DALLAS -- For some inexplicable reason, none of the Dallas Mavericks players decided to put a body on Rudy Gobert following the second of two free throws he earned after grabbing a couple of offensive rebounds with 1:50 remaining in overtime Friday night.
“That was the plan,” Gobert said with a wry smile after the Jazz’s 112-107 overtime victory. “Coach called it. Nobody knew.”
That bungling of basketball basics certainly wasn’t the Mavs’ strategy. Then again, nothing they tried could keep Gobert from dominating the glass, which was the primary reason the Jazz pulled off the not-so-pretty win at the American Airlines Center.
Gobert grabbed a career-high 25 rebounds. Ten of those were on the offensive end, fueling his career-high 27-point performance.
“He’s a load in there,” Dallas coach Rick Carlisle said after being victimized by the first 25-25 performance in the NBA this season. “I thought we blocked him out well quite a few times, and he just still got one of those Inspector Gadget arms on the ball. A couple times, he just got it flatfooted and put it up.”
Utah believed Gobert could develop into one of the league’s premier rim protectors when the Jazz coughed up $3 million to buy the 27th pick in the 2013 draft. Gobert leads the league with 2.6 blocks per game and is widely considered a Defensive Player of the Year front-runner.
Jazz general manager Dennis Lindsey can’t lie, though: He readily admits that he had no idea Gobert would become such a relentless rebounder.
Gobert’s 12.8 rebounds per game rank fifth in the league this season. And he keeps getting better. He averaged 10.9 rebounds in November, 13.1 in December and is up to 15.5 so far in January. His streak of double-digit rebounding games stands at 29 after his career night.
The 24-year-old Frenchman also is far from the liability he used to be on the offensive end. He is averaging a career-best 12.8 points per game while ranking second in the NBA in field goal percentage (66.4) and screen assists (5.8 per game, according to NBA.com stats).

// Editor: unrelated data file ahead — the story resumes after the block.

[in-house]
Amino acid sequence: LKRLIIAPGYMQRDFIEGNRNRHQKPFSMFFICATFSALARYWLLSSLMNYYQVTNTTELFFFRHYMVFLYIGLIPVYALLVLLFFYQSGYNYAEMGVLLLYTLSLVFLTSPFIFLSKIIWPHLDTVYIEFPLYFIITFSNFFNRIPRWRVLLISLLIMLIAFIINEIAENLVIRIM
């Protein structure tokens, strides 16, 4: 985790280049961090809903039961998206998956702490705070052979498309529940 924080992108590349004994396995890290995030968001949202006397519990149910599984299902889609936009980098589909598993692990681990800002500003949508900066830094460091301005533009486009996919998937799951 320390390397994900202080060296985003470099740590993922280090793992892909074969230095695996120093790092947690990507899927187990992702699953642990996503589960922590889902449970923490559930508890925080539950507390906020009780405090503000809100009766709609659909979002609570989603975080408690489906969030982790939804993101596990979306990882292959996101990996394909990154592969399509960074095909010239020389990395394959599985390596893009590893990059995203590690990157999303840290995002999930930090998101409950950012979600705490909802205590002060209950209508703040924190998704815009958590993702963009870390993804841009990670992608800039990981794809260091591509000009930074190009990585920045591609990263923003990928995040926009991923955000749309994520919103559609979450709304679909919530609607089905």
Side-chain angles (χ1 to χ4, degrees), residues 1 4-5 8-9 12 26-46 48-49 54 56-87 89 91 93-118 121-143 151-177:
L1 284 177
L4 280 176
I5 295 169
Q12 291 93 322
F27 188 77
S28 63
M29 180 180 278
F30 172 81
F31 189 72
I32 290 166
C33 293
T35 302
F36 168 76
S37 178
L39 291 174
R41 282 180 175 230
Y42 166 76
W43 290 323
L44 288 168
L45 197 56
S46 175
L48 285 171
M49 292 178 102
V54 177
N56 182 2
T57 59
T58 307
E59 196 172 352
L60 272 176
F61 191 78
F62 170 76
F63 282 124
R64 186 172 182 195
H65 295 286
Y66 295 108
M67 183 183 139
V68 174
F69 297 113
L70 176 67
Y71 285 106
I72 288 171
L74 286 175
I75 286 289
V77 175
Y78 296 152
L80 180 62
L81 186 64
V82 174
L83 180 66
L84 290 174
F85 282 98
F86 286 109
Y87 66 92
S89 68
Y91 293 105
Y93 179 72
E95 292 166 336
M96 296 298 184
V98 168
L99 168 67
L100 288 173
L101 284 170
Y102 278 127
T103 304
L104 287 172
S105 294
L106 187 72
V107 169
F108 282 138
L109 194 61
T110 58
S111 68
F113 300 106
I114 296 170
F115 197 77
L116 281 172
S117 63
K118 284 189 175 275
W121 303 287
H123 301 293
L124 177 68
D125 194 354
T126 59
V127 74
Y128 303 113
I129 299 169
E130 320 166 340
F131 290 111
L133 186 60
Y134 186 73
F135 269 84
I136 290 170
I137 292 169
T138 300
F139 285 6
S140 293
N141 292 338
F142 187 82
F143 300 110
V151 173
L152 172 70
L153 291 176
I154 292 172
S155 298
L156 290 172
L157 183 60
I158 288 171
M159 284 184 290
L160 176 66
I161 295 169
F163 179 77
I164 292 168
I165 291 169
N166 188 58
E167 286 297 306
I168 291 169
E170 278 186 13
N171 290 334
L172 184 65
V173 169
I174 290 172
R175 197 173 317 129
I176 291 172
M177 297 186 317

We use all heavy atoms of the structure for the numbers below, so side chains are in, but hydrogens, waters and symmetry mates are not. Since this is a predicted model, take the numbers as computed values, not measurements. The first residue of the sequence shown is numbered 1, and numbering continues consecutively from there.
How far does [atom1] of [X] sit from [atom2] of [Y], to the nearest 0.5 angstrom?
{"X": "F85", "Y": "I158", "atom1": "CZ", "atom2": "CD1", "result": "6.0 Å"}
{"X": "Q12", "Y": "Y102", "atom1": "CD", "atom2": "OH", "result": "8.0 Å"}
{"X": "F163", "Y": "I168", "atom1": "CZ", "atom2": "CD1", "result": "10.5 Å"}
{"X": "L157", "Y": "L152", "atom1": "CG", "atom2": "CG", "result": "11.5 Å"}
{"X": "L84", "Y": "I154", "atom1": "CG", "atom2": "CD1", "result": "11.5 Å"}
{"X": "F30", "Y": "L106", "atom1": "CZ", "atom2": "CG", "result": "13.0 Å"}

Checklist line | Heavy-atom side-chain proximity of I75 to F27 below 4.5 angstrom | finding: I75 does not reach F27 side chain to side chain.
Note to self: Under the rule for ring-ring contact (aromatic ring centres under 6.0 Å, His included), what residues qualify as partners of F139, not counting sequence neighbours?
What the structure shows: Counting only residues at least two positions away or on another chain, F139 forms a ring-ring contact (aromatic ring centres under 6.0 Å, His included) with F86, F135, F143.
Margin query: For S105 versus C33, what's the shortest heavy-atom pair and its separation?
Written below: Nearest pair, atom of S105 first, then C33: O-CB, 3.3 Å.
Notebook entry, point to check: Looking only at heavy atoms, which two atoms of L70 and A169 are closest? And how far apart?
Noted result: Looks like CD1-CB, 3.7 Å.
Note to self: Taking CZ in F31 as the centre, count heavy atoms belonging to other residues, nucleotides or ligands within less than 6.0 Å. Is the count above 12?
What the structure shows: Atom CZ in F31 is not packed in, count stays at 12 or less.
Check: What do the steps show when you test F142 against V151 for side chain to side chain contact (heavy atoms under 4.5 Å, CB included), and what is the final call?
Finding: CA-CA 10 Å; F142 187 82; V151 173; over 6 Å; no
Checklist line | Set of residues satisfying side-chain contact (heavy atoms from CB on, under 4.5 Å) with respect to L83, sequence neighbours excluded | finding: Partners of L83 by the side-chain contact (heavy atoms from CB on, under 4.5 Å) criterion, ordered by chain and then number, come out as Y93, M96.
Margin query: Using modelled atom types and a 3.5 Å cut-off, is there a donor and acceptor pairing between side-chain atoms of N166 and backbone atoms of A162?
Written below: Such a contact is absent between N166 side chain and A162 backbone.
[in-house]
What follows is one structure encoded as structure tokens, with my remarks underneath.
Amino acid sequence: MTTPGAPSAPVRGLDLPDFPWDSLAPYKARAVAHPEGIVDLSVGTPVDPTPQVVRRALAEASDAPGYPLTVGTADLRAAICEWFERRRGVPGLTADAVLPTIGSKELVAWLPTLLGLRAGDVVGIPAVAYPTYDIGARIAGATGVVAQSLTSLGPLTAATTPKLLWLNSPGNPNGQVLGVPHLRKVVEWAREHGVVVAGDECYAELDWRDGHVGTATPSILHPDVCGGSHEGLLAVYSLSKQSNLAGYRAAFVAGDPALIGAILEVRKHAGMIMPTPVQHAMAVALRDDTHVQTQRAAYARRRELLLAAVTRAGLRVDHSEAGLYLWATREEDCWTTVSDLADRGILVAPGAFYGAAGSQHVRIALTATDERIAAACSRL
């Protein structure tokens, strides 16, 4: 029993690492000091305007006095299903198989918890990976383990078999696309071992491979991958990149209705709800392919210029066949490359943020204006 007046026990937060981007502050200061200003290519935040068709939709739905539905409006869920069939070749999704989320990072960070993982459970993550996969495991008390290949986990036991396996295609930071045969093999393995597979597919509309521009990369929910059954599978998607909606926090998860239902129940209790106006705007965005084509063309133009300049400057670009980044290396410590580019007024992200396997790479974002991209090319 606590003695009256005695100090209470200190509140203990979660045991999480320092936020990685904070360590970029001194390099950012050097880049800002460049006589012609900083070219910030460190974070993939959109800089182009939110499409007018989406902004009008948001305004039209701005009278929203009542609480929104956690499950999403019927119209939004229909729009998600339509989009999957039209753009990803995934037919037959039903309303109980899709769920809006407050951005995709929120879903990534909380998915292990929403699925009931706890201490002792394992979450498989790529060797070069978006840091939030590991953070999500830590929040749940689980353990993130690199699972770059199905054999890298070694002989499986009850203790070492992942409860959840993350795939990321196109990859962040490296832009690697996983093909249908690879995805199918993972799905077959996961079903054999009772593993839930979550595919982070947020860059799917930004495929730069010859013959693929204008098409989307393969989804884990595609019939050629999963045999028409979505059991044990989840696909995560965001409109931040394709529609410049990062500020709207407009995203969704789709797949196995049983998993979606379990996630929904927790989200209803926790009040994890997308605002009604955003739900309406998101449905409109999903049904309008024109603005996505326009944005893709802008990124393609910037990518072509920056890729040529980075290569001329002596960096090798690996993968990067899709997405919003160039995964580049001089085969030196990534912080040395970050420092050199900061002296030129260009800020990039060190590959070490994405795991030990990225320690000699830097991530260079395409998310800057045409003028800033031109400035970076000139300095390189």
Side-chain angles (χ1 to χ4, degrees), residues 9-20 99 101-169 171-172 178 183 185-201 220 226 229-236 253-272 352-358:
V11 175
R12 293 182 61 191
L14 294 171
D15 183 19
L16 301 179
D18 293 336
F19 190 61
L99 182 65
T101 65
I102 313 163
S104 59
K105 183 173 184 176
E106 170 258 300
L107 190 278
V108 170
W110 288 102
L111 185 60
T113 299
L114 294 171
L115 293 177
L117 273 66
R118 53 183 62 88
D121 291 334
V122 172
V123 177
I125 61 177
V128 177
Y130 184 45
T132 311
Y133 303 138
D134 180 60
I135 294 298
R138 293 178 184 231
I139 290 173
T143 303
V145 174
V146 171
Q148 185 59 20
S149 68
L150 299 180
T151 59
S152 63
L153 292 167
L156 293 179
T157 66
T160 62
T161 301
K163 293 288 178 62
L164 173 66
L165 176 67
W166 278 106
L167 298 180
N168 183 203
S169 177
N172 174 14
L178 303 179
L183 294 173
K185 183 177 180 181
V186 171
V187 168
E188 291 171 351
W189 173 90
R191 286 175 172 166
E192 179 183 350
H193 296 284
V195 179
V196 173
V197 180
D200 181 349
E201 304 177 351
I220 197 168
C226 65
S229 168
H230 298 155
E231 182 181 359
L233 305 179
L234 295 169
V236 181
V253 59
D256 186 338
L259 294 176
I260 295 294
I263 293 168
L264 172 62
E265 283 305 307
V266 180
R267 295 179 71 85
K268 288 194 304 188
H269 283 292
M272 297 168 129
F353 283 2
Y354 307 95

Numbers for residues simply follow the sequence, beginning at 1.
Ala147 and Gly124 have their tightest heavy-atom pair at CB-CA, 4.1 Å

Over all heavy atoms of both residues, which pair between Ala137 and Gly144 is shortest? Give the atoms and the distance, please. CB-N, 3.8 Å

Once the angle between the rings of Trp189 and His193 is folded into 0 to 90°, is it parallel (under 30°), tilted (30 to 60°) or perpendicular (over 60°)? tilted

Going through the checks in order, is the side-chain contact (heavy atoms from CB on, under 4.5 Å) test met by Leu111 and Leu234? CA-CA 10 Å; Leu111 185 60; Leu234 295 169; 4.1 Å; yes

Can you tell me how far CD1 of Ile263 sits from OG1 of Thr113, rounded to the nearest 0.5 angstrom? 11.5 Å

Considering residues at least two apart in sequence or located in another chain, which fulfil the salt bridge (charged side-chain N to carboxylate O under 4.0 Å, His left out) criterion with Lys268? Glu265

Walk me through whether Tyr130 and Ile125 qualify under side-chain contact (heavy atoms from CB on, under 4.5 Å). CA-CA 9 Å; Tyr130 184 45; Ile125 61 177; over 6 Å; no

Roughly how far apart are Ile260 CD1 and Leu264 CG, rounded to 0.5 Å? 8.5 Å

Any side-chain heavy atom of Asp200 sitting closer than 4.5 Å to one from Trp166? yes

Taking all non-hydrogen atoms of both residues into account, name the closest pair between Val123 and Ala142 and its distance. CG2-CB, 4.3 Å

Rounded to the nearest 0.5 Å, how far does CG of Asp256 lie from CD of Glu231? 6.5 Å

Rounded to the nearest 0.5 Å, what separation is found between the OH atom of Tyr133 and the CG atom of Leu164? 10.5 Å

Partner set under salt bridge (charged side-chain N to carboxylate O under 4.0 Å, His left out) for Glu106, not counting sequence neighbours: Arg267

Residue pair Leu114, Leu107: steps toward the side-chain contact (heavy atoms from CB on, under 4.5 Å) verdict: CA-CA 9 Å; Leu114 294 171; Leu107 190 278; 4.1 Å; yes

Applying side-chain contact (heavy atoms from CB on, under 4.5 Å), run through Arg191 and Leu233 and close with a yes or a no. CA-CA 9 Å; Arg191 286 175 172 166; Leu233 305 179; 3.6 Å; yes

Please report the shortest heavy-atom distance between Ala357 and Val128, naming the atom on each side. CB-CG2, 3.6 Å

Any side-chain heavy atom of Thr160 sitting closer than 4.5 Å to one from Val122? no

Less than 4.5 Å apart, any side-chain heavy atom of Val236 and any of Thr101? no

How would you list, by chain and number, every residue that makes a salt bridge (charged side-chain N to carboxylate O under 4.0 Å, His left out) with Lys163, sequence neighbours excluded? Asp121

Get a load of Gobert’s stats during Utah’s season-long, five-game winning streak: He has averaged 16.2 points, 17.0 rebounds and 2.4 blocks.
“He’s building, that’s for sure,” Jazz coach Quin Snyder said. “Just one good game after the other and getting more consistent.”
Add it all up, with the Jazz’s 28-16 record putting them only one game behind the Los Angeles Clippers for fourth place in the Western Conference, and Gobert has a heck of a case to earn his first All-Star appearance. Just ask him.
“Yes, to be honest,” said Gobert, the anchor of a defense that allows the fewest points in the league (95.2) and ranks second in efficiency (101.3 points per 100 possessions). “I think the most important thing to judge about is winning and the way you help your team win. So I think I should be an All-Star.”
There is no debating Gobert's impact; the Jazz have jumped from perennial lottery team to being in the middle of the West playoff picture.
Gobert is the lone Utah starter to play every game this season, the one constant while the Jazz have endured extended absences of fellow All-Star candidate Gordon Hayward, point guard George Hill, power forward Derrick Favors and shooting guard Rodney Hood.
The Jazz outscore opponents by 8.4 points per 100 possessions when Gobert is on the court. When he sits, Utah gets outscored. It’s only by three-tenths of a point per 100 possessions, but Utah isn’t in the negative during the time that any other player is on the bench.
Utah is 13-1 when Hill and Hayward both play, a statistic that indicates just how dangerous the Jazz might be in the playoffs. Those two guys are the Jazz’s primary playmakers, the ones who have the ball in their hands most often.
But it sure helps to have Gobert protecting the paint, dominating the glass, setting solid screens and rolling hard to the rim. Utah’s two best plus-minus tandems: Gobert with Hayward (plus-190) and Gobert with Hill (plus-165).
“He’s a competitor and he wants to win,” said Hayward, who had 26 points, 7 rebounds and 4 assists in Friday night’s win. “That’s what I love about Rudy, is he’s trying to win the basketball game and he doesn’t like to lose. He’s got a fire inside of him, and it’s definitely something that you can feel when you’re out there.”